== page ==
International Day of Persons with Disabilities was celebrated on Dec 3. It is a special day to promote the rights and well-being of persons with disabilities.
A disability can be described as an impairment (mind or body) that a person has which limits them in some way.
Many people with disabilities can use special equipment that can help them. It includes using mobility aids (wheelchair, hearing aids or cane), hearing aids, or Braille, a writing system used by people who are visually impaired.
According to the World Health Organisation, an estimated 1.3 billion people – or 1 in 6 people worldwide – experience significant disability.
Children, it is important to treat people with disabilities with respect. When you greet someone with a disability, greet them the same way you would with your other friends. Remember, they are just like us but they are differently abled.
Here are the letters on the topic, of Disabled Day.
Jayden Tan Li Sheng, 10, “My paternal grandma uses a wheelchair as she is not able to walk long distances. She has difficulties in doing her daily activities which she used to do when she was younger By using wheelchair, it is easier for her to move around the house. I also respect Paralymplians, especially athletes who use blade prostheses and wheelchair basketball teams.”
Asher Wang Qi Chuen, five, says we must be kind to adults and children who are different from us. “We can give a smile or a wave to encourage them. We should not say mean things or laugh at them because they are different.”
Older sister Bethany Wang Qi Syuen, seven, writes: “I recently read the biography of Fanny Crosby, a well-known hymn writer who was blind. She became blind due to wrong treatment given for her eye infection when she was a baby. Despite her disability, she wrote numerous hymns that brought inspiration, hope and joy to many.”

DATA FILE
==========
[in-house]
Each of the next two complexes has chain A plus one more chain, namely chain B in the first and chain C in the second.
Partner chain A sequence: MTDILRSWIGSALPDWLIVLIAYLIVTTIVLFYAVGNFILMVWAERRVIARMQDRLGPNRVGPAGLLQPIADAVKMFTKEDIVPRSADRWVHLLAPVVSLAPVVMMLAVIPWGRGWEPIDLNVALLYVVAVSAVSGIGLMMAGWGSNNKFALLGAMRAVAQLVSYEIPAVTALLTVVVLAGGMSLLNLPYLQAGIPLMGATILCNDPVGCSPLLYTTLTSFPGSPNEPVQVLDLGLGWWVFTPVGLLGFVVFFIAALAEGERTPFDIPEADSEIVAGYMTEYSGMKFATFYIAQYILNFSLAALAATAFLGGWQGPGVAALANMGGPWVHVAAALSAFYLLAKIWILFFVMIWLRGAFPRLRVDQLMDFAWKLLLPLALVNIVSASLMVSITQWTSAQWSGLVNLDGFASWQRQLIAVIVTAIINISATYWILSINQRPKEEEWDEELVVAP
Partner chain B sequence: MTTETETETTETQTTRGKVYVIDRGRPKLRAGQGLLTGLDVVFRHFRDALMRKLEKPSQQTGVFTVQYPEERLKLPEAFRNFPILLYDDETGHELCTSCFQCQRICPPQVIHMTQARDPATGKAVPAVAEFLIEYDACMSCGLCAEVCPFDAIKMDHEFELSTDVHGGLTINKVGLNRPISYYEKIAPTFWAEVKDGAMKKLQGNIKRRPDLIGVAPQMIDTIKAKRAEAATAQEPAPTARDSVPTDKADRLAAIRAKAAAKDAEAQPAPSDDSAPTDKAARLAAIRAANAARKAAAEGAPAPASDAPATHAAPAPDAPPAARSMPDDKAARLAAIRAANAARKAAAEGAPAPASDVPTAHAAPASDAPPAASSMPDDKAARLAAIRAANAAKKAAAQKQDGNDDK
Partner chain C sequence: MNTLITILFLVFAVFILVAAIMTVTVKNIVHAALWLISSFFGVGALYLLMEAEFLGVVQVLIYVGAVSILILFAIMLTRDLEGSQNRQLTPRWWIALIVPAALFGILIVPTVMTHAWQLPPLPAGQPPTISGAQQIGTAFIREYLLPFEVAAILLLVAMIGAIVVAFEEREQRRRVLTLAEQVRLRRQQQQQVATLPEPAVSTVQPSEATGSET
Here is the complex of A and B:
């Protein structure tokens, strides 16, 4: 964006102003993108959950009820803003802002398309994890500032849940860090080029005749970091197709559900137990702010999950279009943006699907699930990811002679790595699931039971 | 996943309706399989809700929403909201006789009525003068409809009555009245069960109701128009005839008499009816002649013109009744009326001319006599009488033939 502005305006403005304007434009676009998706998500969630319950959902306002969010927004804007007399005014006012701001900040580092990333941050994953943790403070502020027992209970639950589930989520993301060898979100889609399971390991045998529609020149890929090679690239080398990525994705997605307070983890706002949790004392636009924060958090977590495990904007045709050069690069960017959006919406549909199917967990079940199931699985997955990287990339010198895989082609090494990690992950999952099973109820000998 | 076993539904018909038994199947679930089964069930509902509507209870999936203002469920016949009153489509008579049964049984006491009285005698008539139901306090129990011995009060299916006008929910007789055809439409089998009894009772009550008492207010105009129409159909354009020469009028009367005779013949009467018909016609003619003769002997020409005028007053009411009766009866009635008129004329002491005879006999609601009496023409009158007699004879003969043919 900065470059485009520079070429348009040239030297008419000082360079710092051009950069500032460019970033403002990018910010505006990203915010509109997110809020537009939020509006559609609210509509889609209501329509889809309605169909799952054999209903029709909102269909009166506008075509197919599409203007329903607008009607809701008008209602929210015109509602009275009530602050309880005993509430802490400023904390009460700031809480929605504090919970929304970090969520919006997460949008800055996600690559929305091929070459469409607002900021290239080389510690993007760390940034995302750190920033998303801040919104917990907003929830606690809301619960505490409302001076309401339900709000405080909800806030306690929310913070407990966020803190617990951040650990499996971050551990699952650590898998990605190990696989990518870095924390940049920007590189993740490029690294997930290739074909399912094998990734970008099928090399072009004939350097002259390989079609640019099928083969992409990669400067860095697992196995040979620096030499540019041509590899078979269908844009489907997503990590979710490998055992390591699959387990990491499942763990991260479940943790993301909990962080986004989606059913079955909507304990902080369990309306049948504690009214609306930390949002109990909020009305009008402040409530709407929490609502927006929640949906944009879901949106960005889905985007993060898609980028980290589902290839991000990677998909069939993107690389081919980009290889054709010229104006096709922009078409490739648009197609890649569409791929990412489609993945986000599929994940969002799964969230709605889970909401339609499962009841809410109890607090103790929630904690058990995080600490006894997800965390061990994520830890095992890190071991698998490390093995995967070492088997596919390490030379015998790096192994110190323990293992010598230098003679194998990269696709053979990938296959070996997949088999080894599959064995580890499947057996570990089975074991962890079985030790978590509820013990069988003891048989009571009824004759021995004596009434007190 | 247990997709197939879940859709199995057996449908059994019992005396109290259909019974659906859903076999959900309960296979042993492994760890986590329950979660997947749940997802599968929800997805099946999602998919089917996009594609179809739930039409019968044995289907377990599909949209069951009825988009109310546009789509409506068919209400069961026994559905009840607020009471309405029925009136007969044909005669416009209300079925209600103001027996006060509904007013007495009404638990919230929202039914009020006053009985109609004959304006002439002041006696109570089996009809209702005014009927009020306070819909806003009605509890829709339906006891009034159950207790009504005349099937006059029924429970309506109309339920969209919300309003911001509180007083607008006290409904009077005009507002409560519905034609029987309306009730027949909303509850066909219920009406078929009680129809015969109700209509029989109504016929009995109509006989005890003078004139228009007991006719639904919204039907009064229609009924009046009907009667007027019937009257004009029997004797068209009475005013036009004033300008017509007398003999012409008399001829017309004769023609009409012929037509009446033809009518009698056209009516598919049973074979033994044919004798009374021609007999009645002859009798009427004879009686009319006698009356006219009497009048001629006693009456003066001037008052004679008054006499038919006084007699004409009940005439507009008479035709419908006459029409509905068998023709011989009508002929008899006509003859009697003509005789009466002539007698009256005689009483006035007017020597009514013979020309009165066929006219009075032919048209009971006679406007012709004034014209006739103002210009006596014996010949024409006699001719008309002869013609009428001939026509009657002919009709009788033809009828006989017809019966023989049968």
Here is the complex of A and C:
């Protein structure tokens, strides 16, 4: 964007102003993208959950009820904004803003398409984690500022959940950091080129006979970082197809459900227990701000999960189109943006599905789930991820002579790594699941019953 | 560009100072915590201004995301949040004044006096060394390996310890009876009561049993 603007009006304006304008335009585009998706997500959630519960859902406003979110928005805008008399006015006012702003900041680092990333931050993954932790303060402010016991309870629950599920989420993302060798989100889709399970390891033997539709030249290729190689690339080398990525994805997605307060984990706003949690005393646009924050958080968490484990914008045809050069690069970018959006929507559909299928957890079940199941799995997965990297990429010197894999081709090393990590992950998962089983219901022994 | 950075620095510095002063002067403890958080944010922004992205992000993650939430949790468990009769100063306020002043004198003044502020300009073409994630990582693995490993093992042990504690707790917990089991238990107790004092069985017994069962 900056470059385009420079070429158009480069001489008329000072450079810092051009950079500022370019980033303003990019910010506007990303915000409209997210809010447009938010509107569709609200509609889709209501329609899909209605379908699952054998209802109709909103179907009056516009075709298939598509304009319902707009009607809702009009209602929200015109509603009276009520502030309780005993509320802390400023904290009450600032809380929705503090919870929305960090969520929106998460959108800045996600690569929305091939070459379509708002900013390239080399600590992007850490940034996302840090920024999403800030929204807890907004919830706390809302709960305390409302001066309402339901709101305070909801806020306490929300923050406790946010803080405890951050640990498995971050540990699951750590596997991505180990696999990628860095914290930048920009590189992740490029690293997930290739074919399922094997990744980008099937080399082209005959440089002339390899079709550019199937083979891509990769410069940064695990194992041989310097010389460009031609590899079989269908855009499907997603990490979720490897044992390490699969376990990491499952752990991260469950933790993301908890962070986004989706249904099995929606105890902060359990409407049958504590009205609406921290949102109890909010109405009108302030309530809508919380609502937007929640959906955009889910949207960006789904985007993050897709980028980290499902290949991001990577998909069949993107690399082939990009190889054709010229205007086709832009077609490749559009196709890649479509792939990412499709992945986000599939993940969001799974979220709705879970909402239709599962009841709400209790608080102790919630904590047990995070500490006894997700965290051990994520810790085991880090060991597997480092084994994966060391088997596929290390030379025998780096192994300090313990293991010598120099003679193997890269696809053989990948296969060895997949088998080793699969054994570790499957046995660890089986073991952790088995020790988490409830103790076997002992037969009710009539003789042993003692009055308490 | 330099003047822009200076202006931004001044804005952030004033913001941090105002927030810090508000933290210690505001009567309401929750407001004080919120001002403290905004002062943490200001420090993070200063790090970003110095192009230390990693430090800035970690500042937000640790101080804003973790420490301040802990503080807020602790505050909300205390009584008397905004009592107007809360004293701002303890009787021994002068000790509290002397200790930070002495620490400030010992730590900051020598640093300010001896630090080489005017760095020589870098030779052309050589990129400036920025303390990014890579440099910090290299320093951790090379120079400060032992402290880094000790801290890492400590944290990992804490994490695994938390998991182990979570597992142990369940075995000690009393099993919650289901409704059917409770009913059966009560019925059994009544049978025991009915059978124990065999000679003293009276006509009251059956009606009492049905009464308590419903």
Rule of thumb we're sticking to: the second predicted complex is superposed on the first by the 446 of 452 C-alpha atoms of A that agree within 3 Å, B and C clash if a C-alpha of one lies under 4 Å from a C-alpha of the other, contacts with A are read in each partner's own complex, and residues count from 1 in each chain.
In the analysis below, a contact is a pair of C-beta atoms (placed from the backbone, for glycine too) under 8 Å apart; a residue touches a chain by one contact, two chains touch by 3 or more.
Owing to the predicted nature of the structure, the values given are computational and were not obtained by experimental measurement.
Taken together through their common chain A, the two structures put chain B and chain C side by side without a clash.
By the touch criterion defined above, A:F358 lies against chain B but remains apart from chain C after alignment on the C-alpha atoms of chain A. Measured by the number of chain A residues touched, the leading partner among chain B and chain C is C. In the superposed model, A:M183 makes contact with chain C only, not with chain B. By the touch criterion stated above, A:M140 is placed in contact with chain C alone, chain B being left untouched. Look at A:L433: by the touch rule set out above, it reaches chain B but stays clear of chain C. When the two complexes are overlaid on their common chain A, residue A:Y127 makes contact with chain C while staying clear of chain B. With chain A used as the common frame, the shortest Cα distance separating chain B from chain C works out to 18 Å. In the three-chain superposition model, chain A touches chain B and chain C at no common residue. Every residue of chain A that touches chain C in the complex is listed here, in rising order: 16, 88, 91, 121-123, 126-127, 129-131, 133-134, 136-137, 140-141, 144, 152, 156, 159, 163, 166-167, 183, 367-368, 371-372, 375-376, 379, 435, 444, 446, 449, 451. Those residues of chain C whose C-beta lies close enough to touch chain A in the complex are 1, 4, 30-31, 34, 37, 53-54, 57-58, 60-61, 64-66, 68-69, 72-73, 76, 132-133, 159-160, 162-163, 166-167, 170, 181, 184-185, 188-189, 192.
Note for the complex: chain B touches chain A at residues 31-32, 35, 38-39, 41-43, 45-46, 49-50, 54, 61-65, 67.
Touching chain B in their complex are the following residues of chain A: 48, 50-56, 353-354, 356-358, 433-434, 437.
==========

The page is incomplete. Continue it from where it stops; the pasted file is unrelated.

“If my aunt were to be blind one day, I would be very sad. However, to ensure she has good eyesight, I would like to be an eye specialist. With this skill, I can look after her. If I were to be busy in my clinic, I would ask my nurse to take good care of her,” says Chuah Seng Koon, six.
ITEM: Our next topic is: New Year resolutions (could you have guessed anything else?). Do you have any New Year resolutions? Have you made a list of things to do? Usually resolutions are made in the hope that we can make them happen. It is pointless to have resolutions only to find that we can’t fulfil them. What say you? Do you believe in making resolutions or do you prefer not to make any?
Email your contributions to firstname.lastname@example.org by Dec 23. Please put “STARCHILD:New Year 2023” in the subject line of your email.
Scanned drawings should be in jpeg format, with a resolution of 200 dpi.
Your contributions must carry your full name, age (open to children aged 12 and below only), gender, phone contact, and address. Instead of handwritten letters, please type out your letters.